At the moment, we have the EuroCC National Computer Centre involved in two areas. The first one is to support the academic and research communities which is done through the academic flagship programme that has already been kick-started. The objective of the academic flagship programme is to increase the competitiveness of Irish academic groups when they are applying for access to larger European systems. This is done by providing hands-on performance engineering assistance for the researchers to scale up and optimize their application codes. By the end of the two-year academic lecture programme, we expect these research groups and their codes to be ready so that they can be successfully run in an optimized way on European tier-0 PRACE systems or the pre-exascale and exacale systems that are coming up. The scientific domains of these projects span different domains: from astronomy to artificial intelligence for nanoscience, optimization of machine learning and deep learning, and material sciences.

Is the industry also involved?

Venkatesh Kannan: Yes, absolutely. The academic flagship is one aspect of the National Competence Centre. The other key aspect or pillar within the Competence Centre is the SME accelerator. This kind of ties into our ongoing activities in bringing HPC and capabilities to enterprises. The ICHEC SME accelerator particularly works at the convergence of Big Data artificial intelligence and HPC technologies with Irish SMEs and start-ups and public sector organisations in order to accelerate their technology adoption for digitally transforming their services and solutions. The model of engagement is primarily directed towards two aspects. One is raising the technical awareness of the enterprises and public sector organisations as to what HPC and related technologies can bring to them. The second aspect is to accelerate and ease their adoption and use these solutions to build their applications.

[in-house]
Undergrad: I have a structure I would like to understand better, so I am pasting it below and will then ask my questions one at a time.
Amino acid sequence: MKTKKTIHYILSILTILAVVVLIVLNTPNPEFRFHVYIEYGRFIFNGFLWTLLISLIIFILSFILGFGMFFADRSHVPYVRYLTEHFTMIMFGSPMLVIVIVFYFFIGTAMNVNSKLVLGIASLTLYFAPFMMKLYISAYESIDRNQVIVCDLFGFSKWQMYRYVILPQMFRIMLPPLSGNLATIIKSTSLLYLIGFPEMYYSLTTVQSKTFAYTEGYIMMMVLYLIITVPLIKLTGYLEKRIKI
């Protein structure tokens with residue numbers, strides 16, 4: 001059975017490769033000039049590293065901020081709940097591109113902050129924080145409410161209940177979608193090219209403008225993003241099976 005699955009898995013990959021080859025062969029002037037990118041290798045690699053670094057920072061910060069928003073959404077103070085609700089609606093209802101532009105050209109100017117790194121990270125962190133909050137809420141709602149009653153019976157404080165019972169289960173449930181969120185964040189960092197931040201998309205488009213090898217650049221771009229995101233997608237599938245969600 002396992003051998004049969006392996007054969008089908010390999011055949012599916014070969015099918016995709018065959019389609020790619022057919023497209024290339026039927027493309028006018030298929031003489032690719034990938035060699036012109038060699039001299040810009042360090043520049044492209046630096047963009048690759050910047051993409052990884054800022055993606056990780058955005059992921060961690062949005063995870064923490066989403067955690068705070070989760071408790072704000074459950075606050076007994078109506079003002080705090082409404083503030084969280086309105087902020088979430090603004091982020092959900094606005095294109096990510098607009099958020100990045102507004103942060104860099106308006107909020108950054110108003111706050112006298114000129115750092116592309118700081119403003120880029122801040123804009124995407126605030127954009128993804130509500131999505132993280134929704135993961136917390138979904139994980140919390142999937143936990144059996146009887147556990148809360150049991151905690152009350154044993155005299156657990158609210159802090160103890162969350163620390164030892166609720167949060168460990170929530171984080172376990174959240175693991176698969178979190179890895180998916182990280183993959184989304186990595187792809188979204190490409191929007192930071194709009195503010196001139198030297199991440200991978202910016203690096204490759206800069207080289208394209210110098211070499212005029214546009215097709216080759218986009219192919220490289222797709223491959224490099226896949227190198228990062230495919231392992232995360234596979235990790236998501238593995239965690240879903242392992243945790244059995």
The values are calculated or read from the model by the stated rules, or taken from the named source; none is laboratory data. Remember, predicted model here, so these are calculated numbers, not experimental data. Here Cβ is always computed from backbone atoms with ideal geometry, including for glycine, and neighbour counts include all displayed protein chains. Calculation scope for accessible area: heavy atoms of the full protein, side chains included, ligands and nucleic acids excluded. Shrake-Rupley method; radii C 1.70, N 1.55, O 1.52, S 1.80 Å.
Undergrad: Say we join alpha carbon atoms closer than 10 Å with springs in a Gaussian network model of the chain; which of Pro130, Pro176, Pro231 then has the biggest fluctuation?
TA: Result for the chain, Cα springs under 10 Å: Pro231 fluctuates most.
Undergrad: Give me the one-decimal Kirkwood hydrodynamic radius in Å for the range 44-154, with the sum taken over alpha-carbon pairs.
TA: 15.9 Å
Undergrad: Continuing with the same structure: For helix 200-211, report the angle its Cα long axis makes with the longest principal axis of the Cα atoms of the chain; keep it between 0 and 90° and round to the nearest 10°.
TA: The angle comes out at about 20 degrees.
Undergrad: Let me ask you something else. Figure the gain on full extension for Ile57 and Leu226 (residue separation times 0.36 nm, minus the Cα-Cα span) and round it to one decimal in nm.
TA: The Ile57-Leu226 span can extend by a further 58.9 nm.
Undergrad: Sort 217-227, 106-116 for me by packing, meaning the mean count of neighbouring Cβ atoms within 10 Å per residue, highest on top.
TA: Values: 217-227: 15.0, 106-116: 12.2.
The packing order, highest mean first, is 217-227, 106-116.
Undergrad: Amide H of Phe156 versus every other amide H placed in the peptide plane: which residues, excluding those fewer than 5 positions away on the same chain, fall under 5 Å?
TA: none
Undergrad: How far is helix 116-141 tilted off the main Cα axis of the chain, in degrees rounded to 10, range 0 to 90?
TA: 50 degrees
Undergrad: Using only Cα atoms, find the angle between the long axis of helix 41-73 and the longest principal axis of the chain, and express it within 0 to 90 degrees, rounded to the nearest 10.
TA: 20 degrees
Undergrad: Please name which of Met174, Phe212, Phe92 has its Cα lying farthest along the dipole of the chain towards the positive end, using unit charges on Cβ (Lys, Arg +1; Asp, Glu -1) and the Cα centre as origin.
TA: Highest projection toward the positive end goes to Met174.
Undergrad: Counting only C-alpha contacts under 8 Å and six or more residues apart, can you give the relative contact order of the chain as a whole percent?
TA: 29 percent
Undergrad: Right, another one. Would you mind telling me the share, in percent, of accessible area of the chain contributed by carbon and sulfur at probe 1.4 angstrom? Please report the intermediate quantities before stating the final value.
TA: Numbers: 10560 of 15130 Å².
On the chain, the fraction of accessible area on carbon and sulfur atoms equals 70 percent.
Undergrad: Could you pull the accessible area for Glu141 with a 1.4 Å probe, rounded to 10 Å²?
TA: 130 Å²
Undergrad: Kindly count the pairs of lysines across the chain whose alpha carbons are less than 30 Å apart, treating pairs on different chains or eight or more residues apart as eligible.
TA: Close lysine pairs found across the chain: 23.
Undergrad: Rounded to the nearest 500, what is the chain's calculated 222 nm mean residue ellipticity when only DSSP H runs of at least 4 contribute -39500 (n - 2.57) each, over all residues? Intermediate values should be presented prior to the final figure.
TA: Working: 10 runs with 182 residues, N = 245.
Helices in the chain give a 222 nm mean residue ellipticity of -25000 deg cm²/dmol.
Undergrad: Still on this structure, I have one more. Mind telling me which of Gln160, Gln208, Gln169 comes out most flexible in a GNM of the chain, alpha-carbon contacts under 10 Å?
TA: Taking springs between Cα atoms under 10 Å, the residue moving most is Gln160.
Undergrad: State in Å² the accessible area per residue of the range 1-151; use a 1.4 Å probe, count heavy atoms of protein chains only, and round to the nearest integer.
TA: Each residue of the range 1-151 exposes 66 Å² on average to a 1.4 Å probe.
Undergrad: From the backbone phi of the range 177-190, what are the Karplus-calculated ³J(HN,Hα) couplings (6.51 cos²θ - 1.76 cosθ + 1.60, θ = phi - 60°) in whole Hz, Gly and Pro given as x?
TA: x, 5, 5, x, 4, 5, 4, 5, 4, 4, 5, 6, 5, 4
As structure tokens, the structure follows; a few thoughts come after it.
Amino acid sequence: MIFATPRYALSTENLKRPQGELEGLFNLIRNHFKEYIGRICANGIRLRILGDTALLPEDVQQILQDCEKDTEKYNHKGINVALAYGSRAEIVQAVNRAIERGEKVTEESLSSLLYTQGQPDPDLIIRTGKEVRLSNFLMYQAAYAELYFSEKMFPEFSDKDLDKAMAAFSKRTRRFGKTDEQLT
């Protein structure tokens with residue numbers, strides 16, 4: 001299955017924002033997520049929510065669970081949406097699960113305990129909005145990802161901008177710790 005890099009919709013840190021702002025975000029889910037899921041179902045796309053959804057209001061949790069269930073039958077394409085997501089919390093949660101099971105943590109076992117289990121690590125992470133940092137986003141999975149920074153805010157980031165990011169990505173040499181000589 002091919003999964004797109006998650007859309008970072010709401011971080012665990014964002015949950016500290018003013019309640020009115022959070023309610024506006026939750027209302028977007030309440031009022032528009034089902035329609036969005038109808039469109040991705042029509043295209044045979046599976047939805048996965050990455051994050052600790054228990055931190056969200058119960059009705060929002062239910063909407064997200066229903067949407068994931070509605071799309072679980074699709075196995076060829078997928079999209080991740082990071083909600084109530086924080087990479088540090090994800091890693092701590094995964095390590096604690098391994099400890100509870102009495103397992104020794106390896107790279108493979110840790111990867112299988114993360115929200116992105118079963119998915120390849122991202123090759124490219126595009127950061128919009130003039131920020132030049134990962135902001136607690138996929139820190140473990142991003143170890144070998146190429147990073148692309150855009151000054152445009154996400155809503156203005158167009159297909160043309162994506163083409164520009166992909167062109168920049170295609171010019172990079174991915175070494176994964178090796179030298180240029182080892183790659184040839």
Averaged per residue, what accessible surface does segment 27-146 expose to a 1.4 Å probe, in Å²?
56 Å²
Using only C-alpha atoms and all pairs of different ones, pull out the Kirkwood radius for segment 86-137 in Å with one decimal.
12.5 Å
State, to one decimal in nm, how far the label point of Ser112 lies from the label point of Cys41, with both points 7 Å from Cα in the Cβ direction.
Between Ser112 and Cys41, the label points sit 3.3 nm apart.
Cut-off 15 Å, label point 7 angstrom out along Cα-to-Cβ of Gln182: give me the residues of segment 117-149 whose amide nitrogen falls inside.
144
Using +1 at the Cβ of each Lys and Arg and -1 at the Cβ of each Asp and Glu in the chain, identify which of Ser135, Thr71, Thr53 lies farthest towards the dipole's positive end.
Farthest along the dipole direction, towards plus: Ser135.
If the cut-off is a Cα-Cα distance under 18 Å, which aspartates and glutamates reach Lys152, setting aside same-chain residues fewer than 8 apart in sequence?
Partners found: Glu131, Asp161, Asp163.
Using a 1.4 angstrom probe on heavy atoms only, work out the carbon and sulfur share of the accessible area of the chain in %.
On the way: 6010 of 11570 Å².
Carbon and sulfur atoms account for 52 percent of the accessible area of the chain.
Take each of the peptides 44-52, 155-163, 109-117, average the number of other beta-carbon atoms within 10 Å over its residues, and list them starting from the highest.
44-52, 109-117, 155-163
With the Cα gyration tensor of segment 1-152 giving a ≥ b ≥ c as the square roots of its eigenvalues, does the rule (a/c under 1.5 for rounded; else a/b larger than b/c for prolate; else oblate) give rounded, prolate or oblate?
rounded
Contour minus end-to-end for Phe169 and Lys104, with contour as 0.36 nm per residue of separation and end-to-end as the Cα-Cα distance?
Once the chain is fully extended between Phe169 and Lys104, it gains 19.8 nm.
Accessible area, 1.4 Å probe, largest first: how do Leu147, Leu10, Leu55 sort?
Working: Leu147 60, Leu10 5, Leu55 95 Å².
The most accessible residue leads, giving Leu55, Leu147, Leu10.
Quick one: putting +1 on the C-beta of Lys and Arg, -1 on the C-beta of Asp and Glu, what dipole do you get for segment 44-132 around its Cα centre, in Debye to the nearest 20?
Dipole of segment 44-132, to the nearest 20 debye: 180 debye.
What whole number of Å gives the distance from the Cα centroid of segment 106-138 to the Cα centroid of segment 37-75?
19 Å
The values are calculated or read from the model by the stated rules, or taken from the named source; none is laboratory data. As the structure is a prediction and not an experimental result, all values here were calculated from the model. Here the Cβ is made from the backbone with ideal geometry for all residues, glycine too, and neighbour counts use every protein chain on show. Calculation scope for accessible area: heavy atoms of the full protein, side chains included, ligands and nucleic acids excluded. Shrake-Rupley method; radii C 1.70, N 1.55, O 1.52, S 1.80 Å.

One of the projects that you are involved in is the EuroCC project that kicked off very recently. Do you have a special role in that or are you just one of the Competence Centres?

Venkatesh Kannan: We are one of the participants in the EuroCC project. We are one of the 33 national Computing Centres.

Are there other European projects that you are involved in?